By Sara Dollar, Emory Orthopaedics & Spine Center patient

Scoliosis PatientAt the age of 12, I started seeing a chiropractor. In my early teenage years, I was diagnosed with severe scoliosis. Doctors told me that by the time I reached the age of 45, I might not be able to breathe if the scoliosis got bad enough. My spine was shaped like a perfect “S.” I had my first surgery in 1977, followed by several more surgeries. Surgery after surgery left me in excruciating pain. I lived my life, but because my spine was stuck in a bad position, I walked crooked, I couldn’t stand up straight, I couldn’t walk my dogs, and I couldn’t walk five feet without my back spasming. I had become like a hermit crab.

In September 2014, I was referred to John M. Rhee, MD, a spinal surgeon at the Emory Orthopaedic & Spine Center, because I had a very delicate problem that my former surgeons could not handle. Dr. Rhee explained to me what could be done, and I was so excited that I wanted to have surgery on the same day as my office visit! But because my problem was very severe, and the required surgery would be complex, Dr. Rhee asked me to go home and discuss this with my family. I was so grateful for this! After much thought, I decided to have surgery – a lumbar osteotomy, which is a major operation done only at highly- specialized spine centers, like Emory, because of its complexity.

I had done so much research on Emory and Dr. Rhee that even before my first scheduled appointment I knew that I had made the right decision. I felt comfortable. Before I went into surgery, I made some goals that I wanted to attain after my procedures: mainly, I just wanted to live without pain. I am happy to say that Dr. Rhee helped me achieve this!

I had two planned surgeries to correct my severe scoliosis and kyphosis. They were done on January 22 and 23, 2015. Compression on the nerves had to be relieved along with fusion and correction of the deformed areas of the spine. My previous hardware had to be removed and repositioned properly, and a wedge of bone was removed from one of my vertebrae in order to realign my spine so I could stand up straight again. This was a major procedure because I had had multiple prior surgeries that left my spine severely deformed.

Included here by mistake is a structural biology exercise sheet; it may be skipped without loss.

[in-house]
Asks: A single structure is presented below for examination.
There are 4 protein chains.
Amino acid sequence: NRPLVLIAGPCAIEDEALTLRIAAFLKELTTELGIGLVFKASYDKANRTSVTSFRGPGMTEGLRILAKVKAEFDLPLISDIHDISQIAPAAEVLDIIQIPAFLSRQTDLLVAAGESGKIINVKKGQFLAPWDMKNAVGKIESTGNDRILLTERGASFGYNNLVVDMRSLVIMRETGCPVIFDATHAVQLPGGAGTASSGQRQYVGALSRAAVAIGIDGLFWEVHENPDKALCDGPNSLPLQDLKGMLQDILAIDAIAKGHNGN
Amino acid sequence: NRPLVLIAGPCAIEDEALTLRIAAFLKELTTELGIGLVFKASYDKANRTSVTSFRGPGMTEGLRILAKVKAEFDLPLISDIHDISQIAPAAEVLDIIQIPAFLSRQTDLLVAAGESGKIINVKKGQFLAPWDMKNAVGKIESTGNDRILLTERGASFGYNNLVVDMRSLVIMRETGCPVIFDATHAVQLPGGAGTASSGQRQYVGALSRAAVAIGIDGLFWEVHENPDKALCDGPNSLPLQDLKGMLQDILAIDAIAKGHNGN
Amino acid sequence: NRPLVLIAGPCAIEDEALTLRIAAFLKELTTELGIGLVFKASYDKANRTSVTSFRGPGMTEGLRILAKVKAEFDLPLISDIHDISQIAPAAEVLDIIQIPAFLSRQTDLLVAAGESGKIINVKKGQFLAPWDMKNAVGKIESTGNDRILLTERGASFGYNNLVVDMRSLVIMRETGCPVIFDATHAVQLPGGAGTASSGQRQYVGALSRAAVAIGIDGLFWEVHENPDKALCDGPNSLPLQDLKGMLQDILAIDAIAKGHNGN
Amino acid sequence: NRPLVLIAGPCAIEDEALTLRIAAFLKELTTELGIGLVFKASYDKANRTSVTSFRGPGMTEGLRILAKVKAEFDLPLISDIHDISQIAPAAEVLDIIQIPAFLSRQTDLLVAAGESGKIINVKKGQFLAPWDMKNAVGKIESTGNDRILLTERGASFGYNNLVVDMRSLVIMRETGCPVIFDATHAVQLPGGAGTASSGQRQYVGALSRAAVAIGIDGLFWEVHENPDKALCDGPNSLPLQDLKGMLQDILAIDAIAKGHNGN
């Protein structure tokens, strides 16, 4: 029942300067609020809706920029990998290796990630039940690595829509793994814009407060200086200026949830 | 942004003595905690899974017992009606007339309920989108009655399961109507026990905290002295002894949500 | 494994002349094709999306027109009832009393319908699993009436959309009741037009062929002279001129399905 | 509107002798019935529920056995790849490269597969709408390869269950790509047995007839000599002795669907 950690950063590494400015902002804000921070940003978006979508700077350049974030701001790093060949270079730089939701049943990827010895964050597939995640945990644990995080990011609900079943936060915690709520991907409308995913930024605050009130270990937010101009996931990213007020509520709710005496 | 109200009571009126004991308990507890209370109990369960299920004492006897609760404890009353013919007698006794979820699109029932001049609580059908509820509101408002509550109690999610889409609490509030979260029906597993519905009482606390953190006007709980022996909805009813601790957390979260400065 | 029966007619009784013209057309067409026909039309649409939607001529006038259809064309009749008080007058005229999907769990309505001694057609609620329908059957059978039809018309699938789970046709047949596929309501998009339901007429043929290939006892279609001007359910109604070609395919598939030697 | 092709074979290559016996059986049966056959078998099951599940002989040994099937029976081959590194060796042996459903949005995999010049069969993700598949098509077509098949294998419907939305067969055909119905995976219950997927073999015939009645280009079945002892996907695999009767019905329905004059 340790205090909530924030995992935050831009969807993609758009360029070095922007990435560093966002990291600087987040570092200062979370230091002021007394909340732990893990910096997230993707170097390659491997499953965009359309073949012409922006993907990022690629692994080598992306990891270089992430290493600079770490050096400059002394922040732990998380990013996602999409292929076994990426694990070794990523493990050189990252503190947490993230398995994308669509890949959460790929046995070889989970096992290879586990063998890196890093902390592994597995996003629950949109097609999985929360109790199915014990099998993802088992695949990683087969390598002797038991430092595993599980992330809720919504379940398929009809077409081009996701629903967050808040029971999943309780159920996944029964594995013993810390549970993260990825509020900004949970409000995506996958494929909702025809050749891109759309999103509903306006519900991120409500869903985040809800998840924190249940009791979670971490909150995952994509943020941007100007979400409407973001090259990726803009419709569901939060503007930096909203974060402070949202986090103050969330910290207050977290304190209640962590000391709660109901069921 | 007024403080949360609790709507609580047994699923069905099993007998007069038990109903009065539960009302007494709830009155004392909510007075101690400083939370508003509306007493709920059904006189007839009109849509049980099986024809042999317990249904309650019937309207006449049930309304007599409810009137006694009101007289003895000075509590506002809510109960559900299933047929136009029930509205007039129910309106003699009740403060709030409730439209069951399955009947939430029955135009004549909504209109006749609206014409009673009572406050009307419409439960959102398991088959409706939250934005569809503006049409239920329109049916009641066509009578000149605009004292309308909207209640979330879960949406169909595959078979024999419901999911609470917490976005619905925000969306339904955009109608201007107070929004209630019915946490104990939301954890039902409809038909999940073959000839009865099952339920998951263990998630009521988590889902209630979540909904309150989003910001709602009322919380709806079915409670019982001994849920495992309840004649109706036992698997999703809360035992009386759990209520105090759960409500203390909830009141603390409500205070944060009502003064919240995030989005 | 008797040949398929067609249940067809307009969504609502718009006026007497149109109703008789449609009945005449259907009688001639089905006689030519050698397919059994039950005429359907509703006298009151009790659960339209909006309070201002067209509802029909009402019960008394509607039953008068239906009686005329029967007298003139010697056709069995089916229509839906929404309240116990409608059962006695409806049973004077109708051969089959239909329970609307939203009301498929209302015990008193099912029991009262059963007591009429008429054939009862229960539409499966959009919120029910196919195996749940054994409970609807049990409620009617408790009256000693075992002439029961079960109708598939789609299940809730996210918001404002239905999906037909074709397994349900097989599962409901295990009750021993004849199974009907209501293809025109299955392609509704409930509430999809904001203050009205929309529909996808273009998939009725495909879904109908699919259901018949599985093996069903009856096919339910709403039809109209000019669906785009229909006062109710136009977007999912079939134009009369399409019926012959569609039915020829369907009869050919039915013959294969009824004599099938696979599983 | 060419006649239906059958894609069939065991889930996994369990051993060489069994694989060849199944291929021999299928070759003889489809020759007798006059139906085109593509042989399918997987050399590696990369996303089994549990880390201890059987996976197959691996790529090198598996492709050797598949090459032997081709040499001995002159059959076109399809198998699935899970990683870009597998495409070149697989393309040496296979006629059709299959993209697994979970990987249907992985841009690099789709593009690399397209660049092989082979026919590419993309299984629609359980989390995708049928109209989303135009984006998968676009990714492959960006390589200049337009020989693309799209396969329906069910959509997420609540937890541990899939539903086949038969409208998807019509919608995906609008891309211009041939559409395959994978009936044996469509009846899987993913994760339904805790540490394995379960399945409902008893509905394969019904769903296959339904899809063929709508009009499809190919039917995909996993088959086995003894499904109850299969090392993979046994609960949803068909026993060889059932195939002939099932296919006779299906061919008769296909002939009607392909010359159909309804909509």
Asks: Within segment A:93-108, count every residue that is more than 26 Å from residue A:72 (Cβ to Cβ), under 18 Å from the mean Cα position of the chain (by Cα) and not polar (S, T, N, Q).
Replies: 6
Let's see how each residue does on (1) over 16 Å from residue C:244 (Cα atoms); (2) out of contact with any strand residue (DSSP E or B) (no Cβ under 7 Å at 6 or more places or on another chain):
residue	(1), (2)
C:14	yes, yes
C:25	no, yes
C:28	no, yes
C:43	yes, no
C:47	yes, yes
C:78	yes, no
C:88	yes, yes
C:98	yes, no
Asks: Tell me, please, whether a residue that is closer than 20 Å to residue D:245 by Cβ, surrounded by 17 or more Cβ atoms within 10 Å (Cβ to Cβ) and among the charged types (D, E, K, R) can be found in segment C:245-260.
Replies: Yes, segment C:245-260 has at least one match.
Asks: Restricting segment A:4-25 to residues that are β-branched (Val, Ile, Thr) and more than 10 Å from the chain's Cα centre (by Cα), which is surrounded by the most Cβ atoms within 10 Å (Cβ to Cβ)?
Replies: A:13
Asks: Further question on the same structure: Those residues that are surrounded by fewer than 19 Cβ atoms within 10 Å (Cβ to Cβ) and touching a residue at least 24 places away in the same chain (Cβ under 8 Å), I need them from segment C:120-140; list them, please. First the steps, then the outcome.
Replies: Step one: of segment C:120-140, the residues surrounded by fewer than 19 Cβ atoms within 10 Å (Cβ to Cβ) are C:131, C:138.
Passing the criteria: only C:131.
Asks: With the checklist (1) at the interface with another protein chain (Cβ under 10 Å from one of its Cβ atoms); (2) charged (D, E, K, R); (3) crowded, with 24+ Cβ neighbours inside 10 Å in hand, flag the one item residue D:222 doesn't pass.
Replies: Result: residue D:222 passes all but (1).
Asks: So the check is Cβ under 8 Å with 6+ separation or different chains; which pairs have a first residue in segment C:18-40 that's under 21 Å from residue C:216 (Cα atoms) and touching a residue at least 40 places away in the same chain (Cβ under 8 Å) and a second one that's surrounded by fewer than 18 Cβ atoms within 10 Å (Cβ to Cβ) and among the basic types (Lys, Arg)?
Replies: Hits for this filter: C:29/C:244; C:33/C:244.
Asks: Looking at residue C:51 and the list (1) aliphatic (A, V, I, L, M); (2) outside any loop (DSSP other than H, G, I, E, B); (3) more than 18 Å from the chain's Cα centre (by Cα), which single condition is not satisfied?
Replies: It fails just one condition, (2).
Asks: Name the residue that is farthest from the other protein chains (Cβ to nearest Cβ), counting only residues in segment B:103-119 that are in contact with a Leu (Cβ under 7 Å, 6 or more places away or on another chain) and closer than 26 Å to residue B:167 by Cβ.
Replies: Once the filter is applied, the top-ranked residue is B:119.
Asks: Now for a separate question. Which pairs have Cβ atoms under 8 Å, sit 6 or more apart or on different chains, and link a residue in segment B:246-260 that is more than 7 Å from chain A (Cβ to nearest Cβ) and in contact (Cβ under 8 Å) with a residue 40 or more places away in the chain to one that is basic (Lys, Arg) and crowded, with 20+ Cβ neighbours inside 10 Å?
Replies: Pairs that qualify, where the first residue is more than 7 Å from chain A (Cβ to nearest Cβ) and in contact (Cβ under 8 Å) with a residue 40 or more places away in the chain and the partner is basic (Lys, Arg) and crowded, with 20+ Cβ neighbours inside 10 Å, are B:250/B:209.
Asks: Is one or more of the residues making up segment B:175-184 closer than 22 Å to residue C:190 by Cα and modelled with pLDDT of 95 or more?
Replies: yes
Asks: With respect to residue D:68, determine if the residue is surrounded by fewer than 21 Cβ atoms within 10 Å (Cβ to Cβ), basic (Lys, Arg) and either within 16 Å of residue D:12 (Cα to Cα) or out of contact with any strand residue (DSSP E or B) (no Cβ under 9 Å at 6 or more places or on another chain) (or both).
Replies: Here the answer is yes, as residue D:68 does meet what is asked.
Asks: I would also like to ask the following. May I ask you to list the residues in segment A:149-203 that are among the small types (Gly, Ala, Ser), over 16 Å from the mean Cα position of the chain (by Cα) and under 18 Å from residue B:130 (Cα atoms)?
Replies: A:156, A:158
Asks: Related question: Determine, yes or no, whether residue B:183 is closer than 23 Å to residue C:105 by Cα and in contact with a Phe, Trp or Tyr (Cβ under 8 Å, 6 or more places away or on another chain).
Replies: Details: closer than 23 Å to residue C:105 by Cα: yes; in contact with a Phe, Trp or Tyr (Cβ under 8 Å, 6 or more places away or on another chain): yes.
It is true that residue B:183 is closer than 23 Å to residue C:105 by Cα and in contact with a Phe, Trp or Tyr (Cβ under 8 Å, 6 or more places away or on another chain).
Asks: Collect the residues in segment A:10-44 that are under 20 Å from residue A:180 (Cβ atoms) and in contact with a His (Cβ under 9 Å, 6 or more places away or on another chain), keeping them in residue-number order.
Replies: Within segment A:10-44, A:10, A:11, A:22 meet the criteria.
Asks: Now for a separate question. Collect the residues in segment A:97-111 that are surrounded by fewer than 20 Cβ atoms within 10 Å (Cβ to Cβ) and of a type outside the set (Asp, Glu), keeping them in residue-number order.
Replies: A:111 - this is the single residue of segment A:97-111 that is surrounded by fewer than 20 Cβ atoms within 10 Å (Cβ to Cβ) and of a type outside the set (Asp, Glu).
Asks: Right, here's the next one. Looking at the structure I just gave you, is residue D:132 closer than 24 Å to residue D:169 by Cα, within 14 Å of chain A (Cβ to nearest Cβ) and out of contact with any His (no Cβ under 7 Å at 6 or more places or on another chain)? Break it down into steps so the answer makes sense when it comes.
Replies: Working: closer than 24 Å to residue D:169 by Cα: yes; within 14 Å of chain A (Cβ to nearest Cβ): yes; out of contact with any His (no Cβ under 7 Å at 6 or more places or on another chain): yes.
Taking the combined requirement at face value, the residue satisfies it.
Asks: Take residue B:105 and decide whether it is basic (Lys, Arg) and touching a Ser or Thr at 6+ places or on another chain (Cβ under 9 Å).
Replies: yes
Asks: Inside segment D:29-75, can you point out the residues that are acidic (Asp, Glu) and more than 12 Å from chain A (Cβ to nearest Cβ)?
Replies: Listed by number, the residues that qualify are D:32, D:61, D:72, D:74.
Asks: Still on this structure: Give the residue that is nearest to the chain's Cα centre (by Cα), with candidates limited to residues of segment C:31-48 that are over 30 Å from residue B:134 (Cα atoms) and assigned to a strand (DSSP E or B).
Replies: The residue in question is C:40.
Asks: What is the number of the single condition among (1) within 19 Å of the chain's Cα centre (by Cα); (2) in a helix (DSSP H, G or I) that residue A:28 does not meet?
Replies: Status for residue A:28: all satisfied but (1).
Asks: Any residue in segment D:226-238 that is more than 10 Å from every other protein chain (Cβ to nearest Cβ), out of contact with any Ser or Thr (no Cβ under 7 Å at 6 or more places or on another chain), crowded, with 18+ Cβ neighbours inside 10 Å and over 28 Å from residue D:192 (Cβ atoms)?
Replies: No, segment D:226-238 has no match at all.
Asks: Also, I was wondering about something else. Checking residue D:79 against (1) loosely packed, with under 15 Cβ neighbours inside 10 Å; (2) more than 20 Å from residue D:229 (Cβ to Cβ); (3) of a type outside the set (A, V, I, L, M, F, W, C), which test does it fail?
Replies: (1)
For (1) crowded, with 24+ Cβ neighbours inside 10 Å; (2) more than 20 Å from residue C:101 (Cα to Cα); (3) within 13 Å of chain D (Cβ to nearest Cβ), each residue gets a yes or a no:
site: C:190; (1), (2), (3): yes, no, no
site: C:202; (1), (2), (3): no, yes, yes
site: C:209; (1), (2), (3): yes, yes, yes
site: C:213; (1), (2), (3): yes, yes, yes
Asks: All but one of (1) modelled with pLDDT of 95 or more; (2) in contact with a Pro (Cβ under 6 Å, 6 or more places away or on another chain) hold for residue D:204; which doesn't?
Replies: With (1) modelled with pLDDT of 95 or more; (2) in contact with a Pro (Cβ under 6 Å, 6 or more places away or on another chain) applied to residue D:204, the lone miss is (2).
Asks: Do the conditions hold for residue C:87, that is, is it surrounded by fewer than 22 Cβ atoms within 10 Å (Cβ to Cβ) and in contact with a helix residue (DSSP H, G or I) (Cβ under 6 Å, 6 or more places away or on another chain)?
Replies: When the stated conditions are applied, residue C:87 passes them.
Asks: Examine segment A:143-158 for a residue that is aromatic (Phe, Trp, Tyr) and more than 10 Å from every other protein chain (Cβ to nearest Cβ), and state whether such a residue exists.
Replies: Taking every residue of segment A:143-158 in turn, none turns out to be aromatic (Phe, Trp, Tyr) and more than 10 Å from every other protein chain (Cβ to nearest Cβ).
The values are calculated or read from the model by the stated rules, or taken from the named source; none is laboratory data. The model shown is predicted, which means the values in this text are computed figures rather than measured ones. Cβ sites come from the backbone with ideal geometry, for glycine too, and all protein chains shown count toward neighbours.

At my six week checkup, I was walking without any assistance from a cane, walker or person. I think I surprised Dr. Rhee with how well I was doing and how quickly I had recovered.

While I am still healing, I am not in any pain and am accomplishing all of my goals. I wanted to walk down my long driveway – I can now. I wanted to be able to walk down the beach – I can now. I wanted the freedom of walking into a store to grab some milk and bread without needing or using a shopping cart – I can now. When the time comes, I want to run after my future grandchildren, and because of my surgery, I believe I will be able to.

My advice to others considering spine surgery; do not be afraid, stop living in pain, quit suffering and get your good quality of life back. Surgery is not the answer for everyone, but if it is, I would not trust anyone other than the renowned spine surgeons at Emory Orthopaedic & Spine Center. Thanks to them, I am living well and attaining my goals.

About Dr. Rhee

John Rhee, MDJohn M. Rhee, MD, is a Spinal Surgeon and Associate Professor of Orthopaedic Surgery specializing in cervical spine surgery, lumbar spine surgery, complex spinal deformity surgery (scoliosis and kyphosis) and surgery for spinal tumors. Dr. Rhee is an active researcher and sought-after teacher/lecturer at the national and international level in multiple medical societies. He has served as faculty and been an invited lecturer at numerous meetings and courses on spine surgery. In addition, he has served as Program Chairman at numerous national and international spine surgery meetings. Dr. Rhee has also published extensively in a number of peer reviewed journals and books, and he has received numerous awards and honors. He is actively involved the training of international research scholars and other spinal surgeons and has been the author and editor of major textbooks on spine surgery techniques.